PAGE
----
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    There is no legal question here and this might be a better fit for another site. Personal relationships, perhaps? – Dale M Aug 16 '19 at 20:55
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    Are you also interested in the feelings of prosecutors when they believe (without proof) that the defendant is innocent? – Tim Lymington Aug 16 '19 at 20:57
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    @Paul: Do you really think there are no cases where a lawyer believes the defendant innocent but the evidence is (at least arguably) enough to convict? Anyway, my comment was really bringing out the other side of the coin; lawyers sometimes convict the innocent just as they sometimes secure the acquittal of the guilty. – Tim Lymington Aug 16 '19 at 21:09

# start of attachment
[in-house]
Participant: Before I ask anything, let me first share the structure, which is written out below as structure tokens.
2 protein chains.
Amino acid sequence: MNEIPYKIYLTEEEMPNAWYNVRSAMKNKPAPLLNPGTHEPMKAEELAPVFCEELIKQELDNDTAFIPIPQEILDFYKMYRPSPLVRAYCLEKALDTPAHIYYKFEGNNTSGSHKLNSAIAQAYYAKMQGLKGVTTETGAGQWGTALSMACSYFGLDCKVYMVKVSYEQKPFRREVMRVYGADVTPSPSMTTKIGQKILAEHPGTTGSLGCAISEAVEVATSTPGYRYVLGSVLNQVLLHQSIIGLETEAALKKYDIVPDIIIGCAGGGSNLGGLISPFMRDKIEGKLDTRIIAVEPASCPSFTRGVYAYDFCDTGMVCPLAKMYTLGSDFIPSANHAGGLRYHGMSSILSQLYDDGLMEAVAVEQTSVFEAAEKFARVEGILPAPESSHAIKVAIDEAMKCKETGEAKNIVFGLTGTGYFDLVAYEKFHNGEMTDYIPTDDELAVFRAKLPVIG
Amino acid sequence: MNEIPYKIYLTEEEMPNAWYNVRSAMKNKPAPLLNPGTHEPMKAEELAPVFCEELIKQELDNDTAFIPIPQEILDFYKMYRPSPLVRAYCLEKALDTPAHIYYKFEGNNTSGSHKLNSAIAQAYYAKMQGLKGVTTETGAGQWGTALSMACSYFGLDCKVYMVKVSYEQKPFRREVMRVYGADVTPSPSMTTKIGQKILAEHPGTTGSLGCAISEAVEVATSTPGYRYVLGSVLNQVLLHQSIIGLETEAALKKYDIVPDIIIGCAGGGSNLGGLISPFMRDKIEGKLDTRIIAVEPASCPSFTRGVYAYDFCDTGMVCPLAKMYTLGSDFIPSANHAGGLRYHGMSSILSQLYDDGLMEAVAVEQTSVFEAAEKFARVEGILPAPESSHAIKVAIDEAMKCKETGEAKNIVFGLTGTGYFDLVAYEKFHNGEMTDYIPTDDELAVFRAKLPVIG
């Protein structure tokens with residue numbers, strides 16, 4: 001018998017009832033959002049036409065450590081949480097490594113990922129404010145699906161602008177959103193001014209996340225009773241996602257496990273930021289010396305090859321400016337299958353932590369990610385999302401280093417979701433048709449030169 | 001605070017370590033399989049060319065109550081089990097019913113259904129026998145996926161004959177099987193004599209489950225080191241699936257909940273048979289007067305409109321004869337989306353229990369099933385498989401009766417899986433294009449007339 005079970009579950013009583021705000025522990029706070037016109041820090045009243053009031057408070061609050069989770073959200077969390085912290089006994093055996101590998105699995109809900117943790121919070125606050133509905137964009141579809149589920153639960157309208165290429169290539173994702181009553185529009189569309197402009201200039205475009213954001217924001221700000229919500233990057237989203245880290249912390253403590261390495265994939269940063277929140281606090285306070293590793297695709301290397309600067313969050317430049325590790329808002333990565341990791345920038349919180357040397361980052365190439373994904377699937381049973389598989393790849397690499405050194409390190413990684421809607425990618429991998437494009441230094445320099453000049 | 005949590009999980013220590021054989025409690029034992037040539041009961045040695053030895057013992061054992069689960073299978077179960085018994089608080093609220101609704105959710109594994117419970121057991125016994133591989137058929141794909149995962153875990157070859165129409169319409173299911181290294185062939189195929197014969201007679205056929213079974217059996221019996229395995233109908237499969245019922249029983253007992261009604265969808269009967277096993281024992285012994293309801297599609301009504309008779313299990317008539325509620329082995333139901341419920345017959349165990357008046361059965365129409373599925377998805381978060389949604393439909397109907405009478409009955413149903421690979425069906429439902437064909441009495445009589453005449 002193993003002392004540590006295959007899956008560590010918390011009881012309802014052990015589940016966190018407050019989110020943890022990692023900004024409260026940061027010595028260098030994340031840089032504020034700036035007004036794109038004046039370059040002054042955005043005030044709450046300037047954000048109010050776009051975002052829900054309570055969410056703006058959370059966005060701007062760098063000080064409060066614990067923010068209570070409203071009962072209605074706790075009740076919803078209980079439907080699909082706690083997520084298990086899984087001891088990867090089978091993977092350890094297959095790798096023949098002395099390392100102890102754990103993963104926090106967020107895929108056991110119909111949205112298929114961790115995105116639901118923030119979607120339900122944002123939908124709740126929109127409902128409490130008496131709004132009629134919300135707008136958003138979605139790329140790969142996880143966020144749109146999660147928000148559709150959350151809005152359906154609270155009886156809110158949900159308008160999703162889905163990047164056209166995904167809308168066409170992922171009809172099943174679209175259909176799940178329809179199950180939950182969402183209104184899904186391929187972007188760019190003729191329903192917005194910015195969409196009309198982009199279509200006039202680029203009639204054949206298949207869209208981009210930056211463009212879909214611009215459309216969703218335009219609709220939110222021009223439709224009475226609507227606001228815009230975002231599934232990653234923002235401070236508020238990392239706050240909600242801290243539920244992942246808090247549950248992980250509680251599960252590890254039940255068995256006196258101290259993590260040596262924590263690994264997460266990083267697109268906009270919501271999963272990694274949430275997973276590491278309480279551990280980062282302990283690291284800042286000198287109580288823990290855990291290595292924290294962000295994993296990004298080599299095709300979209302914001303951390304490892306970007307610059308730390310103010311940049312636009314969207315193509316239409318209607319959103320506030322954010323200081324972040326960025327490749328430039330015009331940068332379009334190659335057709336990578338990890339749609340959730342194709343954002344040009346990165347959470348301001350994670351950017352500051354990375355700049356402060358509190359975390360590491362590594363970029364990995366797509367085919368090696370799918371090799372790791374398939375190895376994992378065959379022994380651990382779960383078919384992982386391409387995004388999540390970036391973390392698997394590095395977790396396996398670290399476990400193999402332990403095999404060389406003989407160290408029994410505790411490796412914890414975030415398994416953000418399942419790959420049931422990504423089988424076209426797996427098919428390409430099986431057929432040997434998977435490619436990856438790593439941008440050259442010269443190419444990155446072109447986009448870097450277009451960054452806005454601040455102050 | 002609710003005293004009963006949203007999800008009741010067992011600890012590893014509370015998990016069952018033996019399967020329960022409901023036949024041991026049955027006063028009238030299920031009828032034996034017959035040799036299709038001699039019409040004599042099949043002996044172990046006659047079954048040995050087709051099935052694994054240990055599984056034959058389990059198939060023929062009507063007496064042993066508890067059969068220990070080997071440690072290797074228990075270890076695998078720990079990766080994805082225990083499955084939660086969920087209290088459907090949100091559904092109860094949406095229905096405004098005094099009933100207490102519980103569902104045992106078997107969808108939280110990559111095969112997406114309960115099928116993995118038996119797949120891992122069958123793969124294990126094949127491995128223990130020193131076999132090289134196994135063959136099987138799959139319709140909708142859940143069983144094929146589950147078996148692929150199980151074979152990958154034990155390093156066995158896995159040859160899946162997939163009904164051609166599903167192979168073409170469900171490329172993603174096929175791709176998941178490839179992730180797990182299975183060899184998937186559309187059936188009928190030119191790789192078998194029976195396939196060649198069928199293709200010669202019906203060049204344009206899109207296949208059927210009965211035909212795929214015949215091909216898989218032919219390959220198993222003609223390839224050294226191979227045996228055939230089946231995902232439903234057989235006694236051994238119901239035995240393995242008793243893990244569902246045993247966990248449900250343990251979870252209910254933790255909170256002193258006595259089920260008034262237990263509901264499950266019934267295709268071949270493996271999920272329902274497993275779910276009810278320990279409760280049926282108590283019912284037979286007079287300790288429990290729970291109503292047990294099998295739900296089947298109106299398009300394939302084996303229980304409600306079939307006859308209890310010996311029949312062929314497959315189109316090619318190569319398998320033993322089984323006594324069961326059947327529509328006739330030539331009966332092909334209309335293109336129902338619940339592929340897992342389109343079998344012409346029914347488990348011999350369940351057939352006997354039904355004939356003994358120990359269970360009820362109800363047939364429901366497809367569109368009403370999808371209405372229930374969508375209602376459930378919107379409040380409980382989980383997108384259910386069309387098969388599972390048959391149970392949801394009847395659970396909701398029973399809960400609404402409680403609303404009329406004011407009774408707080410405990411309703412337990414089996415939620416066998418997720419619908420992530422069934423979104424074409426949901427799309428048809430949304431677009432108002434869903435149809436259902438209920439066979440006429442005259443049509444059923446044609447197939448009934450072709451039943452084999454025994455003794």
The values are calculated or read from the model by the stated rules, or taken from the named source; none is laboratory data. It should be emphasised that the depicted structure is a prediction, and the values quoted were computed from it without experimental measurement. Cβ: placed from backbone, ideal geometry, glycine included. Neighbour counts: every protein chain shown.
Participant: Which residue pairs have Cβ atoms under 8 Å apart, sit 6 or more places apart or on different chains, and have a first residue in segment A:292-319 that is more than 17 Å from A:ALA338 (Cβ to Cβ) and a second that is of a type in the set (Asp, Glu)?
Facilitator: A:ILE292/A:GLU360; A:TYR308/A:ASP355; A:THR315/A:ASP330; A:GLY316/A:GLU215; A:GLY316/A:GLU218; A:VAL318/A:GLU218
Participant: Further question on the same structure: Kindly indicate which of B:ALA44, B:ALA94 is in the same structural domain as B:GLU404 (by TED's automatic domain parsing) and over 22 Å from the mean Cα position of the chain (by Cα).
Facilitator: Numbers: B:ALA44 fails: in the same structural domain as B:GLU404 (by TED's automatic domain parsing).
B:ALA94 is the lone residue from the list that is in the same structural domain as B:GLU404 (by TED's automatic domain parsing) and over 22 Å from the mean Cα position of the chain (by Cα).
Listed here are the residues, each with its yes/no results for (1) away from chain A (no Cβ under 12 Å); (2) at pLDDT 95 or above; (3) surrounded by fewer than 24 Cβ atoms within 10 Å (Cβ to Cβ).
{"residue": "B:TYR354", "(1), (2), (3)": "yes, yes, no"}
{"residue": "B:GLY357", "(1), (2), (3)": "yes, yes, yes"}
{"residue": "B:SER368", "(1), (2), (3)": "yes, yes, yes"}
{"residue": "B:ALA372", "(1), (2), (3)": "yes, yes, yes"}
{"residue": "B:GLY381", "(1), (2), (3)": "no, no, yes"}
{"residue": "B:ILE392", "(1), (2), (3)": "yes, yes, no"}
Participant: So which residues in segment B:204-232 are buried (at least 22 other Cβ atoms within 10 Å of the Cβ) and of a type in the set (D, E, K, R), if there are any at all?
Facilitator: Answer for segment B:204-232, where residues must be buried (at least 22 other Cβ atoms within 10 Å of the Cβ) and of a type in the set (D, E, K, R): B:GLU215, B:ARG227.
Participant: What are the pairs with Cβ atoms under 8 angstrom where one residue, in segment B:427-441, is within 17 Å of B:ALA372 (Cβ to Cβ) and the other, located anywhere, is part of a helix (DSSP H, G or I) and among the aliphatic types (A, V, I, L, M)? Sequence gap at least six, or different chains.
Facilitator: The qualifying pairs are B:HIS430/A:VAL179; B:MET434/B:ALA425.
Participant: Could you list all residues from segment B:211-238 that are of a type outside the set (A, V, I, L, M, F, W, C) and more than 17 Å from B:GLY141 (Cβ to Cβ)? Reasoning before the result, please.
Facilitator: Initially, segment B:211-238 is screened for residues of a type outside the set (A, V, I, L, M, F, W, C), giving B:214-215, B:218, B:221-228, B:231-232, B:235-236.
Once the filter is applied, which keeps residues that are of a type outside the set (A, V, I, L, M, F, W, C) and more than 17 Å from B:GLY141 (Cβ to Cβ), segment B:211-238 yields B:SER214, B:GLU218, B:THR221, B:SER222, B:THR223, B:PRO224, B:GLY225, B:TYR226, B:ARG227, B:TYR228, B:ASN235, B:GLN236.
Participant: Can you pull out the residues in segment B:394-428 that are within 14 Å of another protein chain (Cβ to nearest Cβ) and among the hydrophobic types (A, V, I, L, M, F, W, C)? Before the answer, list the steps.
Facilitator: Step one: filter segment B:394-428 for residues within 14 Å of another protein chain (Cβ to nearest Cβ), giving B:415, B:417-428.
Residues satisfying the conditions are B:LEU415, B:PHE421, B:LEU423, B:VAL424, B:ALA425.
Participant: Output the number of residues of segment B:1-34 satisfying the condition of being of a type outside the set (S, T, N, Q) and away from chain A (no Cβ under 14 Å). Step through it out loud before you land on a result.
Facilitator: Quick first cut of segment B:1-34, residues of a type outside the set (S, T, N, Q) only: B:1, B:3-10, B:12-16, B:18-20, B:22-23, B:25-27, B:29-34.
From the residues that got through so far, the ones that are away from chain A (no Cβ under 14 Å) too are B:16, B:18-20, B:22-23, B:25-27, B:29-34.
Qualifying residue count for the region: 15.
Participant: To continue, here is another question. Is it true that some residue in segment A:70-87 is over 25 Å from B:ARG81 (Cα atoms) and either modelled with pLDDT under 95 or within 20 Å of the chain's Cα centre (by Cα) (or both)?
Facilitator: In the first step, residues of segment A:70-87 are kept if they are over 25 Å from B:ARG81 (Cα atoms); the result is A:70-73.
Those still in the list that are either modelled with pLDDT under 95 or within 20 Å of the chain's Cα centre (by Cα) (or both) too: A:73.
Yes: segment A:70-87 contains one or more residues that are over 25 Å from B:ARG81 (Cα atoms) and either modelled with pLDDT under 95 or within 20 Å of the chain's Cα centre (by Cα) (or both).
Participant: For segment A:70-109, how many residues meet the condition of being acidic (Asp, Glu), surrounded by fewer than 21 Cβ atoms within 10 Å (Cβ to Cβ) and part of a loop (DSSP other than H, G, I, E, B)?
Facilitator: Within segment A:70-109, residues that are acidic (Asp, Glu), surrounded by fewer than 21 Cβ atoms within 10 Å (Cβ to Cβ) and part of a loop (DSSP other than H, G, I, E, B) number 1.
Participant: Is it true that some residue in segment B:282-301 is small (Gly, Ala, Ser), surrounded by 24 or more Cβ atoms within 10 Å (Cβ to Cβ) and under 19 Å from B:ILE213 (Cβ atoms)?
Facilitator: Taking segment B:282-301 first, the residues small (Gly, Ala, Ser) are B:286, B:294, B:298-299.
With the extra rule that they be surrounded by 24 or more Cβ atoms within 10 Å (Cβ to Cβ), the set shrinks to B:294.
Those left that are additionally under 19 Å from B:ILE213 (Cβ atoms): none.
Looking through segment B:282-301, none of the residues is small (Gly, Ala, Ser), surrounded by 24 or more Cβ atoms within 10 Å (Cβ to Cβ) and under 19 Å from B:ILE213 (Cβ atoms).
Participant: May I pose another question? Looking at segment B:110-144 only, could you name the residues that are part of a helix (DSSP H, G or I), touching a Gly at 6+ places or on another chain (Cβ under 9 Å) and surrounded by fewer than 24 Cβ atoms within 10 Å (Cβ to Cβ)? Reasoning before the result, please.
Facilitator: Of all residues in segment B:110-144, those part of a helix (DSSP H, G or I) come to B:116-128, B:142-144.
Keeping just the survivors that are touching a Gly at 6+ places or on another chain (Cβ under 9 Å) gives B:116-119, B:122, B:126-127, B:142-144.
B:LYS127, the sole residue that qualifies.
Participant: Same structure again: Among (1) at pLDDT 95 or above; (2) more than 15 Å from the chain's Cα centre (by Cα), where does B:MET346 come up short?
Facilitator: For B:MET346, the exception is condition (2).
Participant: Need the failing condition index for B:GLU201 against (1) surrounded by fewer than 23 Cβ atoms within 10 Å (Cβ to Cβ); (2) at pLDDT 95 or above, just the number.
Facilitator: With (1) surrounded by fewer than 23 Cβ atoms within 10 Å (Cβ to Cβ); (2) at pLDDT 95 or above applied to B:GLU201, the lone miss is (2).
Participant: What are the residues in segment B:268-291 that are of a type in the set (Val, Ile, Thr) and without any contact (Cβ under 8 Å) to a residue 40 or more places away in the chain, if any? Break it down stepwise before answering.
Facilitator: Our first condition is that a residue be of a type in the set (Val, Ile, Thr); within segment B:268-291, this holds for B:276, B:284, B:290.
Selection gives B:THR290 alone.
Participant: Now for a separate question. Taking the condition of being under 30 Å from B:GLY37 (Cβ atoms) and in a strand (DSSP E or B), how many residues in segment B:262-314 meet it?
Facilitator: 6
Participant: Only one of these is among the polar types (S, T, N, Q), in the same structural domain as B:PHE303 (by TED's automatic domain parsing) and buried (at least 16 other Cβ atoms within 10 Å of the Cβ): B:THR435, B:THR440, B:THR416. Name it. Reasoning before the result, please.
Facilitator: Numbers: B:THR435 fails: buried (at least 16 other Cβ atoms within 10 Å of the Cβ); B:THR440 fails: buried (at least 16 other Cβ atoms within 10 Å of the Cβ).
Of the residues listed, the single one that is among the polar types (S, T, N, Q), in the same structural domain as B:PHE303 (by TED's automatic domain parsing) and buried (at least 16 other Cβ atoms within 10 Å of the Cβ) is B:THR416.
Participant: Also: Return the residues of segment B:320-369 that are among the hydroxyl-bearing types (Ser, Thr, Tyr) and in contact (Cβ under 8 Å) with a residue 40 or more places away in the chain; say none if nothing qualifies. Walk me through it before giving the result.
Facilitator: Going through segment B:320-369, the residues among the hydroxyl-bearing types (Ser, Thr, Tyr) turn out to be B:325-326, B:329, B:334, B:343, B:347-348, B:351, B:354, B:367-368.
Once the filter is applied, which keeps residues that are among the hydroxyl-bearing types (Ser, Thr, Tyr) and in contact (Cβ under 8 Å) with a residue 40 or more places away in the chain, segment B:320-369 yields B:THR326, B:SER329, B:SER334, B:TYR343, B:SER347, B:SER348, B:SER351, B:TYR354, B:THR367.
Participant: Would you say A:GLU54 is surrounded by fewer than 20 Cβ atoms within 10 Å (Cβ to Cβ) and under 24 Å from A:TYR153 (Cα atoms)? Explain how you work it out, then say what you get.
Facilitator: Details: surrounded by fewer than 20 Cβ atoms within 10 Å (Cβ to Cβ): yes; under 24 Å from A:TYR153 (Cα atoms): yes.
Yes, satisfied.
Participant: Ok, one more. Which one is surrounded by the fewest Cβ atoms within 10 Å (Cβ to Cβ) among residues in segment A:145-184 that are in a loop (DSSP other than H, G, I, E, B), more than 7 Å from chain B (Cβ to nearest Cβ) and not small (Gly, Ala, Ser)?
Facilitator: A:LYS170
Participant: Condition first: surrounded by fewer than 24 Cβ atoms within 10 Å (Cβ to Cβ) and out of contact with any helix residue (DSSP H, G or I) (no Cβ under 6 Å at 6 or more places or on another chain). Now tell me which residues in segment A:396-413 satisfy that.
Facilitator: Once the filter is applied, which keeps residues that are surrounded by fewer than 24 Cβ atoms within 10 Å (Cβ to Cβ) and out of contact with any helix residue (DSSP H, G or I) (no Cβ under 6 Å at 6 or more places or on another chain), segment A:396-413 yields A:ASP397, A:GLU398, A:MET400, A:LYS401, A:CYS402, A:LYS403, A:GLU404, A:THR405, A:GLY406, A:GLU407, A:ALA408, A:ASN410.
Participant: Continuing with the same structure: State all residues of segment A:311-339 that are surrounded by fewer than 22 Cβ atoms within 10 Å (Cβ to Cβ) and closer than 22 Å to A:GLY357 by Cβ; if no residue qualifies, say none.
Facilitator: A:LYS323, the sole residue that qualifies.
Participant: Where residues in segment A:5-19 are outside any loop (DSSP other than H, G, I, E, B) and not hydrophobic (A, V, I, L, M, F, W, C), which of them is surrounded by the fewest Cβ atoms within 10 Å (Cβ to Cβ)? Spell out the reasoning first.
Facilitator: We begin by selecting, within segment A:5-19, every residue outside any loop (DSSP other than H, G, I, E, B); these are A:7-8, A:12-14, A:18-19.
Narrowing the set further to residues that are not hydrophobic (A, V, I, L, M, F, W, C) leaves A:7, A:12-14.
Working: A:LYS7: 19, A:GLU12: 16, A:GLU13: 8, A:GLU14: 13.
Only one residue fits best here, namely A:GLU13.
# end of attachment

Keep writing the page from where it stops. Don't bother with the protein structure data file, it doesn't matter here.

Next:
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    @DaleM "There is no legal question here and this might be a better fit for another site. Personal relationships, perhaps?" It is troubling that with that narrow mindset you aspire to become moderator at Law SE in the upcoming election (more so if you're one of those who have voted to close this question). Questions on "dealing with legal professionals" are listed as on topic, and the OP's inquiry is definitely more related to the issue of "dealing with legal professionals" than to "personal relationships". – Iñaki Viggers Aug 17 '19 at 11:52
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You should read "Stories of the Law and How It Is Broken". It includes a chapter on exactly this issue.